A new ascidian (Asterocarpa coerula) is present with populations up to 2-3cm in length, a few older ascidians to 9cm in length and densities relatively low at an average of around 7-8 per Reef Ball.

Good numbers of sea anemones (Anthopleura aureoradiata) were seen, most in dense congregated populations, with a few scattered isolated specimens.

 

Vagrant Benthos: Hermit crabs (Pagurus novaezelandiae) common in piercings of Reef Balls and around the outer surfaces. Spotted whelks (Cominella adspersa) in small numbers only.  Small numbers of Patiriella regularis (av of 1-2 per Reef Ball) and Coscinasteris muricata (3 seen on Reef) in and amongst the Reef Balls.

 

Fish: A lot of fish were seen including adult sweep 20-25cm; adult Parore 35cm; Goatfish adult and juvenile 15-30cm; shoals of 20 to 50 juveniles 5-7cm long probably Koheru. Numerous triplefins including both common and variable and also, possibly, estuarine. These ranged from 3cm juveniles to 12cm adults. Small black [spawning males?] about 4cm long were present at both reefs with half a dozen individuals on each Reefball. Numerous Spotties ranging from 10 –25cm and Snapper [30cm?] lurking at the edge of visibility. Large divots are abundant away from the reefs, some 60cm across and 30 cm deep.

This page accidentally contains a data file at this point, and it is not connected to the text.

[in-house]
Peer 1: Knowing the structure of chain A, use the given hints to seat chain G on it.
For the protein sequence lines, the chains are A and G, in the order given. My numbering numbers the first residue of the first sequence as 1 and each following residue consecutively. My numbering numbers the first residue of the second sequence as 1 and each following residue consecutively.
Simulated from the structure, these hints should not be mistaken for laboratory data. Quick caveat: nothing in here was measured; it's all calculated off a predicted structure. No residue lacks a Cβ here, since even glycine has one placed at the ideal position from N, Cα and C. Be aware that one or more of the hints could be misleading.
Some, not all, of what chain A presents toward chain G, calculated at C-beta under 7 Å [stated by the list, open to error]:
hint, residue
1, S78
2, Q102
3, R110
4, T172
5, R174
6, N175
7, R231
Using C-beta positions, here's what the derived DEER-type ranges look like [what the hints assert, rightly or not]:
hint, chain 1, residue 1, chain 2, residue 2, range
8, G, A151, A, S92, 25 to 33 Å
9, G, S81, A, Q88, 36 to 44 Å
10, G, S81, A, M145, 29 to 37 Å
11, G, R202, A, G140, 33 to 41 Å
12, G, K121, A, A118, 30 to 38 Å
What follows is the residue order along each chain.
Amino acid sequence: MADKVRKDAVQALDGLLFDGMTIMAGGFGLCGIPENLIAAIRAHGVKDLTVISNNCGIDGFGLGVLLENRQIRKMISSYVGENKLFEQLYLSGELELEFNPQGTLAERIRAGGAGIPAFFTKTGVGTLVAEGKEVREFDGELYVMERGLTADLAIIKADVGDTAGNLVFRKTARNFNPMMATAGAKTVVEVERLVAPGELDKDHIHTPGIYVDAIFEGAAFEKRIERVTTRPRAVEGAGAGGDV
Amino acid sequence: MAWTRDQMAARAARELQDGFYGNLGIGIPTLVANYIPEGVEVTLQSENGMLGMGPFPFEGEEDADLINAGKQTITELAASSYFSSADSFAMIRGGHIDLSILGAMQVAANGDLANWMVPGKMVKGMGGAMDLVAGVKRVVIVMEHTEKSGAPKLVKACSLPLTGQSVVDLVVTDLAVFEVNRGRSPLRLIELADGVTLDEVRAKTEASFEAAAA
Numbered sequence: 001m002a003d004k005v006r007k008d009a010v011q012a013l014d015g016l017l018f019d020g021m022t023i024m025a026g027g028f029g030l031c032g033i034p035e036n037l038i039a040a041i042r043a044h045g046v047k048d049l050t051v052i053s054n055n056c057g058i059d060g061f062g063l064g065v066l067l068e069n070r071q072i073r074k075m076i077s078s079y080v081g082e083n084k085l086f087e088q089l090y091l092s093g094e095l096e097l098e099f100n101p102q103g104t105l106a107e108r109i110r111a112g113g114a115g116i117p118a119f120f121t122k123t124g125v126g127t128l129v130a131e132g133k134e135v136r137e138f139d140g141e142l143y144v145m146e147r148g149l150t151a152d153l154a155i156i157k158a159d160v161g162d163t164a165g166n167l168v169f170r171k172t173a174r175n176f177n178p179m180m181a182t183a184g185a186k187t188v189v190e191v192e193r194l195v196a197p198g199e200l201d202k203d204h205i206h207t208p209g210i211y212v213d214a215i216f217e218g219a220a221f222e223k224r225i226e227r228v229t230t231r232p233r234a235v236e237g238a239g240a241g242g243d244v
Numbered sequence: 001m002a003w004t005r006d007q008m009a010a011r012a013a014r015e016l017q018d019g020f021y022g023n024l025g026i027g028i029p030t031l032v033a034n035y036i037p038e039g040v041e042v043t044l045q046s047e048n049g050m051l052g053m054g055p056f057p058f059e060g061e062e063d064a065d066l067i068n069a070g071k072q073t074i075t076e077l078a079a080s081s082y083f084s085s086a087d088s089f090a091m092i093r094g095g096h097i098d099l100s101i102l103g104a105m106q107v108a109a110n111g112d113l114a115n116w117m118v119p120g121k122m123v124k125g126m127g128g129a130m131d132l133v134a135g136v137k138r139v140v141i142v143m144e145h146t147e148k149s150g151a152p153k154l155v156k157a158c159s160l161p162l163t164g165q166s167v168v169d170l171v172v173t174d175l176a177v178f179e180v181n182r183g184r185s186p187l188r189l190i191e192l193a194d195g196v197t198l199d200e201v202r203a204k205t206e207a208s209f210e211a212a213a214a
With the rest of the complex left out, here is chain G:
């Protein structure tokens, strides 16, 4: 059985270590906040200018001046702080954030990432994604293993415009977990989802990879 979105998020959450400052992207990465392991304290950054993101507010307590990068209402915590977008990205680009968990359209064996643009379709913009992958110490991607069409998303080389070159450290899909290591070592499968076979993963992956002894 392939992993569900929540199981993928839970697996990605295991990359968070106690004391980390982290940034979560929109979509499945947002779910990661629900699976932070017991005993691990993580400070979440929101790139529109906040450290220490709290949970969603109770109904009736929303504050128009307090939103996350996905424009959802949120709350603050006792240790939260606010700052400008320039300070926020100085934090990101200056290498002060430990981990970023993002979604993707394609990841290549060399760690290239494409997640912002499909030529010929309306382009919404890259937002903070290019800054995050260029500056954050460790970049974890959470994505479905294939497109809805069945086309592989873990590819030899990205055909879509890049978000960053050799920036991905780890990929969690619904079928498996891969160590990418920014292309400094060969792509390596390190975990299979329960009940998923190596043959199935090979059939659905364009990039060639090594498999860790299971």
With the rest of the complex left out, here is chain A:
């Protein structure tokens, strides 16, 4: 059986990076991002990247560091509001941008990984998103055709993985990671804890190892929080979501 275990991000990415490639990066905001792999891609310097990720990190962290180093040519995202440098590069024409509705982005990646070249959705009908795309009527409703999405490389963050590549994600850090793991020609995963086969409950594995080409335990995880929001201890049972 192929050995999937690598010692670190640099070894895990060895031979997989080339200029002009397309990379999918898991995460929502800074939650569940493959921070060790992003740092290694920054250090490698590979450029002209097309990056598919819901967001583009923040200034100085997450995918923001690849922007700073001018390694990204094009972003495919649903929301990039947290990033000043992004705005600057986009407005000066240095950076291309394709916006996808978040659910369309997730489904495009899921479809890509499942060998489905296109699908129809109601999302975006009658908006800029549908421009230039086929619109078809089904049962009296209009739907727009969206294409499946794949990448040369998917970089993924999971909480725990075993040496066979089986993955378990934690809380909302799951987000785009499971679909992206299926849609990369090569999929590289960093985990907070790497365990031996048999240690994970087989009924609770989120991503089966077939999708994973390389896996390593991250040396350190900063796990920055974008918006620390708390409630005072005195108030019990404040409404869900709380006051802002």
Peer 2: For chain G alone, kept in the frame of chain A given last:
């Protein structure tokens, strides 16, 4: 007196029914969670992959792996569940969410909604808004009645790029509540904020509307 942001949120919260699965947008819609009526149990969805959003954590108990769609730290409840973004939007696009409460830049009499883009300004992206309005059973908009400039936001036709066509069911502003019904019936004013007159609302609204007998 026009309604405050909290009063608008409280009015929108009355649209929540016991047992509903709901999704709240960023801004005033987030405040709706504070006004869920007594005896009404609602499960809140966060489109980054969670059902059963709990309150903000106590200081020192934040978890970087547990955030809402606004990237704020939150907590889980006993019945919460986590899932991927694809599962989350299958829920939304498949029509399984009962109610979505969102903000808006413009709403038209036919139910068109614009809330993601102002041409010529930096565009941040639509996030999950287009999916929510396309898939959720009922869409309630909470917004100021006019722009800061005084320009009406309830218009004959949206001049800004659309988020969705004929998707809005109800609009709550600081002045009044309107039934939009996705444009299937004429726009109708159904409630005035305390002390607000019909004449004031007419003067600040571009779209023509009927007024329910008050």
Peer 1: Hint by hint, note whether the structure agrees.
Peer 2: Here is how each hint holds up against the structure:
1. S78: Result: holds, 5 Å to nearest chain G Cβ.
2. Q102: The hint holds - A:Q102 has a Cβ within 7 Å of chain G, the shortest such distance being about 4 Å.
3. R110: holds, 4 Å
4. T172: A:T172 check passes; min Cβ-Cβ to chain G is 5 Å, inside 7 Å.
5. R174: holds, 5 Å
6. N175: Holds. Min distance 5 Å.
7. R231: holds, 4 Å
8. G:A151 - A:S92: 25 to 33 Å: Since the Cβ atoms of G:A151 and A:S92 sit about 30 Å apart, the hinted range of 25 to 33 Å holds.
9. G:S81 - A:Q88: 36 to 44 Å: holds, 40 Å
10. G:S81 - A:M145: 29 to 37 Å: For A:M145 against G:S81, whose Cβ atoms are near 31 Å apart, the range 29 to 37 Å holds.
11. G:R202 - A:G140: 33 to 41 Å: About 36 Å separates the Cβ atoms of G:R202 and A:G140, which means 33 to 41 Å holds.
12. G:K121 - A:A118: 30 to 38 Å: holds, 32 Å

Octagon Reef

 

Bottom Conditions:

·        Substrate: fine sand/shell, 1 – 2 cm layer of clay/silt. Reefballs heavily covered in silty sludge.

·        Visibility: 1-2m, a lot of suspended material.

·        Reef Ball positioning: Scouring to 30cm deep extending 2-3m either side of reef, Reef still flush with seafloor.

·        Minor lateral Reef Ball movement.

 

Colonisation General: Colonisation and marine life on the Octagon Reef is much lower in comparison to the Zigzag Reef. The silt sludge layer on the Octagon will have smothered a lot of the previous existing life and prevented a lot of new growth.